Monday, 15 December 2008

Christmas Party

There are images of the Christmas party circulating...

ancient DNA? now we are cooking...

BioArCh team members have discovered that cooking may not be as bad as thought for old DNA. Claudio Ottoni of the University of Rome, lead a study which investigated early Medieval cattle bones from York discovered that the more cooked the bones were the better was the DNA preservation. See report in New Scientist or the full article in Naturwissenschaften (DOI: 10.1007/s00114-008-0478-5).

Thursday, 11 December 2008

Someone on campus finally shown to have brain

Someone on the new campus has finally been found with a brain... and BioArCh scientists are planning to analyse it. A team from the York Archaeological Trust unearthed the brain in an Iron Age skull. Ancient brain, scientists in white coats, old building, dark winter nights..... For full details see the BBC website.

Wednesday, 10 December 2008

YPS Prize Presentations

David Harker and Ben Elliot have both been awarded Charles Wellbeloved prizes by the Yorkshire Philosophical Society for their outstanding undergraduate dissertations of 2008. Both David and Ben gave short presentations in which they outlined their work.

David's work titled Making thermal age accessible using web based applications, introduced a novel approach for predicting the preservation of biomolecules. Algorithms based on thermal models, obtained from published databases, were used to predict the preservation of DNA in particular. The predicted thermal age was found to closely correlate to published values from real samples. This web-based application is helpful in deciding whether specimens are suitable for further research. The DNA Recovery Rate Calculator (DRRC) can be accessed here.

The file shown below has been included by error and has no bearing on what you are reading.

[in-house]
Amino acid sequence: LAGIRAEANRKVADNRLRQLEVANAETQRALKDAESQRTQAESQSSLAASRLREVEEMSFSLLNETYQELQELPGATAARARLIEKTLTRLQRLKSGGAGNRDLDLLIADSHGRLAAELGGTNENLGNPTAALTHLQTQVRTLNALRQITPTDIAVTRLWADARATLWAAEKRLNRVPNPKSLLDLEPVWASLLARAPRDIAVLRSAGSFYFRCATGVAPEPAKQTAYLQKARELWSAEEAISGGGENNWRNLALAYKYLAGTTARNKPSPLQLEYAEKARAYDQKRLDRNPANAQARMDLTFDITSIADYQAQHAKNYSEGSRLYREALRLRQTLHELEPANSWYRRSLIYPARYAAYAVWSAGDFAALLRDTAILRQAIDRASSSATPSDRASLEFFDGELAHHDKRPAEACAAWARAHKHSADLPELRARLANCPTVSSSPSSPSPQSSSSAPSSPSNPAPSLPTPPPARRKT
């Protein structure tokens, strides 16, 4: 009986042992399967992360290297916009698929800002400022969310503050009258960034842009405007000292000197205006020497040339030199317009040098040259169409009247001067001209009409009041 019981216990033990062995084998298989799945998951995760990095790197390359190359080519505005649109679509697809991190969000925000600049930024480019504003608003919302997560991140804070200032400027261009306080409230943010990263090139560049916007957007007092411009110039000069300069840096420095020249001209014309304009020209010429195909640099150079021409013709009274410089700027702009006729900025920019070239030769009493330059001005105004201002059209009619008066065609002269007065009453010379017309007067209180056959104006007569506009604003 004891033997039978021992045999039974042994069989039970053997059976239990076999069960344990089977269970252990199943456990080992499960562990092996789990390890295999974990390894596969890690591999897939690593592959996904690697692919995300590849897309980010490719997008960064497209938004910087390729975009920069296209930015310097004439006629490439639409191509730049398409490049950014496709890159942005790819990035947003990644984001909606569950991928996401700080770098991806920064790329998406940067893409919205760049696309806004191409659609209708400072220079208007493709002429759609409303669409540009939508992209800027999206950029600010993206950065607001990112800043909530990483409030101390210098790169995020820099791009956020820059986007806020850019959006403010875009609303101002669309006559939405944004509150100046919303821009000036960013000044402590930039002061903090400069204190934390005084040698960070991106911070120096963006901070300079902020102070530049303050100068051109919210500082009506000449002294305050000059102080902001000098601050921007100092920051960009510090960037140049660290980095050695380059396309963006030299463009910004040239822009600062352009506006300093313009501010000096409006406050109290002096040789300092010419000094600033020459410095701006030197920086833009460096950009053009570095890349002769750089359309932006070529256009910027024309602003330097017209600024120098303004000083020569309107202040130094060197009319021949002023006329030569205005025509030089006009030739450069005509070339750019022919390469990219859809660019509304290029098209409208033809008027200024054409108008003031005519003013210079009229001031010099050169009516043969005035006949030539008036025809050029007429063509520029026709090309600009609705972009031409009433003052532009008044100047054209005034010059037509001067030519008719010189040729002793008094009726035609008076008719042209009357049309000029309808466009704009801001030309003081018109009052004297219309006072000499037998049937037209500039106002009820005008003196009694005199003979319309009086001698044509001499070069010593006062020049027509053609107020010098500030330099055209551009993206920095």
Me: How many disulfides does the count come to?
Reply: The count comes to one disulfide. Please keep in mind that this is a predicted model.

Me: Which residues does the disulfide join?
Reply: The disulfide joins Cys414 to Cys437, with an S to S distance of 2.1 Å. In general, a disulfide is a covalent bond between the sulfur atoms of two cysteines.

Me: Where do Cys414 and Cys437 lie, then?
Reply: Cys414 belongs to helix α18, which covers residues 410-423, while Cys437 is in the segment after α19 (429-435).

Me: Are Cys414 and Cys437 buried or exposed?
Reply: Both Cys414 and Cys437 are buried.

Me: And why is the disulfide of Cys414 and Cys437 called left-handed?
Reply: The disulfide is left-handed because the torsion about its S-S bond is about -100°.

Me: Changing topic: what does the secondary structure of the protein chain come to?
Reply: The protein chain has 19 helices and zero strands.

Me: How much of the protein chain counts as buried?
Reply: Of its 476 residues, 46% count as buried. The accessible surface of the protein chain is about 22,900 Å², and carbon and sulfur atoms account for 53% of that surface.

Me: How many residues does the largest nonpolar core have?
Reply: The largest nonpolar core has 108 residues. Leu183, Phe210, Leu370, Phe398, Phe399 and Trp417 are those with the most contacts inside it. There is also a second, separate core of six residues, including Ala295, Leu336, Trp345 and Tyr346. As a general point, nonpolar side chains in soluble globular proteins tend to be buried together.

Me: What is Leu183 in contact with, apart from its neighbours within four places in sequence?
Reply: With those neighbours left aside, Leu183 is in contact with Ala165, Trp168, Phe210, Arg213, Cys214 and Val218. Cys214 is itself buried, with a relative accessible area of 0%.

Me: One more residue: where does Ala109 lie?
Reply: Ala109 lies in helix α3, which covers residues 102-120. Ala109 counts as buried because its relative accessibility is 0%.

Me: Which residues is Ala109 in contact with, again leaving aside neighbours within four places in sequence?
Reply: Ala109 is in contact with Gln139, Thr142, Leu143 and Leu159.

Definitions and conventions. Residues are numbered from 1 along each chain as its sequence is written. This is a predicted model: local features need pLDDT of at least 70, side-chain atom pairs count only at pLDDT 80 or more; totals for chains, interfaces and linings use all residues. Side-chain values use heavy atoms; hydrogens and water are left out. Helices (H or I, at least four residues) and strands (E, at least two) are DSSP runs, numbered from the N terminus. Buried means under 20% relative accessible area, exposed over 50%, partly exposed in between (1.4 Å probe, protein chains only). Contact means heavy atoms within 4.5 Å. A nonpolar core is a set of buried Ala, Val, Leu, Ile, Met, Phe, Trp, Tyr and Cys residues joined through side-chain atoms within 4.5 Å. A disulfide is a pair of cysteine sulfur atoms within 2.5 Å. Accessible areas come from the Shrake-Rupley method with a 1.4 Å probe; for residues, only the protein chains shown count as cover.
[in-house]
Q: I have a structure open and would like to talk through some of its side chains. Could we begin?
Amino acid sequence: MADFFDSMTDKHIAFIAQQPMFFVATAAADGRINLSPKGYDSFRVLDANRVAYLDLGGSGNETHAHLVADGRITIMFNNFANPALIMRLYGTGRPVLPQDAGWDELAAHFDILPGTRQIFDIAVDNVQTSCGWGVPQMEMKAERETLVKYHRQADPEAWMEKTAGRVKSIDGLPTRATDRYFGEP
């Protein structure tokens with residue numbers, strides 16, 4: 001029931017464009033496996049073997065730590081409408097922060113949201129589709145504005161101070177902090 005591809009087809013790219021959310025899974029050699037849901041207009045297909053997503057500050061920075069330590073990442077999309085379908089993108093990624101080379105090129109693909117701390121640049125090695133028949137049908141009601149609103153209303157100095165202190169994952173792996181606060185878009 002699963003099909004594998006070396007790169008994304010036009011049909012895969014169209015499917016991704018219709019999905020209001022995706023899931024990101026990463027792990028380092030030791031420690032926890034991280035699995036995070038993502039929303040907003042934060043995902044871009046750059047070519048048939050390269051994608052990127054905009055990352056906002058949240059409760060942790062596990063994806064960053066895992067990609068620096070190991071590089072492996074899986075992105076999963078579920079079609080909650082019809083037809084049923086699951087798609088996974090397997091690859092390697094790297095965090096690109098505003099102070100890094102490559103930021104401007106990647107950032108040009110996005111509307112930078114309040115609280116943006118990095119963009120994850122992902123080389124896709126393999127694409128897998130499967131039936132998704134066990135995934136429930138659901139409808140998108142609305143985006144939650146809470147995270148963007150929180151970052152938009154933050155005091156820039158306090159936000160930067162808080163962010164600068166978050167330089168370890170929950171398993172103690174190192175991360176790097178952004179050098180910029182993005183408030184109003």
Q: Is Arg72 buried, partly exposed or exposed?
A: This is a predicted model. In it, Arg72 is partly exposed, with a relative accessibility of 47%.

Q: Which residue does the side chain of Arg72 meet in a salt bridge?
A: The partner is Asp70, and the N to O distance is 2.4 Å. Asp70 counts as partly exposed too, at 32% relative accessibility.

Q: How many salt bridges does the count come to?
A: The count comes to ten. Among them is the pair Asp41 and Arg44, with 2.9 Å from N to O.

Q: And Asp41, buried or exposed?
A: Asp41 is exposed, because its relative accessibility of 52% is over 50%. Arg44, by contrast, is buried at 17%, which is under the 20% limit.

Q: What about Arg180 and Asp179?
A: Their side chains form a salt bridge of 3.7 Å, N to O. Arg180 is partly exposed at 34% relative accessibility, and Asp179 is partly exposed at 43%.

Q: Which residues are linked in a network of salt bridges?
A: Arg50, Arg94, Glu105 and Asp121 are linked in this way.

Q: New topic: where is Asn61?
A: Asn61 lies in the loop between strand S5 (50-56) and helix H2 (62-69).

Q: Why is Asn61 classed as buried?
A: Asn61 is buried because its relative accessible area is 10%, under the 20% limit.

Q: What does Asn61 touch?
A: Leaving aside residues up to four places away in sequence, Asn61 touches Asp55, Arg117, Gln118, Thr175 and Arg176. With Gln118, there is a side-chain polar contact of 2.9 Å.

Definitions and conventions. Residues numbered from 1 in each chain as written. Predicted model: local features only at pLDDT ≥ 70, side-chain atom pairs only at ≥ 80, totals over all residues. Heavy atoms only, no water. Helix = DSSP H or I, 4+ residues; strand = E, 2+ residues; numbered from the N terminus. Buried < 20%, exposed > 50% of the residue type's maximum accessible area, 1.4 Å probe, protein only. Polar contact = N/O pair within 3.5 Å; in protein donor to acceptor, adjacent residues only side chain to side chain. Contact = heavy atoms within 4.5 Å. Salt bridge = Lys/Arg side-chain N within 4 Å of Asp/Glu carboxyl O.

Ben's presentation, Is there evidence for barbed point manufacturing at Star Carr?, revisited the material from this Mesolithic site, and focussed on the manufacture of barbed points made from antlers. He carried out experimental work to mimic the production process using authentic tools. The debitage produced was compared to the remains found at the site to try to determine whether Star Carr was indeed a production site for these barbed points.

Well done and congratulations to both!

Good Luck, Luisa!

Luisa returned home 3rd of December after finishing her six month Palaeo Fellowship at S-Block. She was investigating racemization and protein aging on Aβ-amyloid, which is responsible for Alzheimer's disease.
As we will miss her at the Christmas party, Luisa invited everyone for a drink at the Mason Arms. She will return to us in mid-January after her viva.

Luisa, good luck with the final hurdle and have a happy holiday!

Thursday, 4 December 2008

Congratulations to Oliver & Cecile!

Congratulations to Oliver and Cecile on the birth of baby Luce Marie Craig!

Double Fellowship success

A double celebration, Both Enrico Cappellini and Caroline Solazzo have scored highly in the Marie Curie Fellowship competition. Enrico plans to travel to Copenhagen to work with Eske Willerslev and Tom Gilbert integrating proteomic and genomic approaches to study ancient seeds. Caroline will travel to New Zealand to work and study with AgResearch New Zealand's largest Crown Research Institute. The team at the Lincoln Research Centre are arguably the world experts in wool proteomics. Both will maintain links with BioArCh, and the newly formed Centre of Excellence in Mass Spectrometry.

BioArCh endorses Web 2.0 (again)

Another plug for BioArCh's use of Wiki sites appears in an article by Michelle Perry in Information World Review this week on the role that social applications will have on the future of research. Matthew, do you have shares in Google?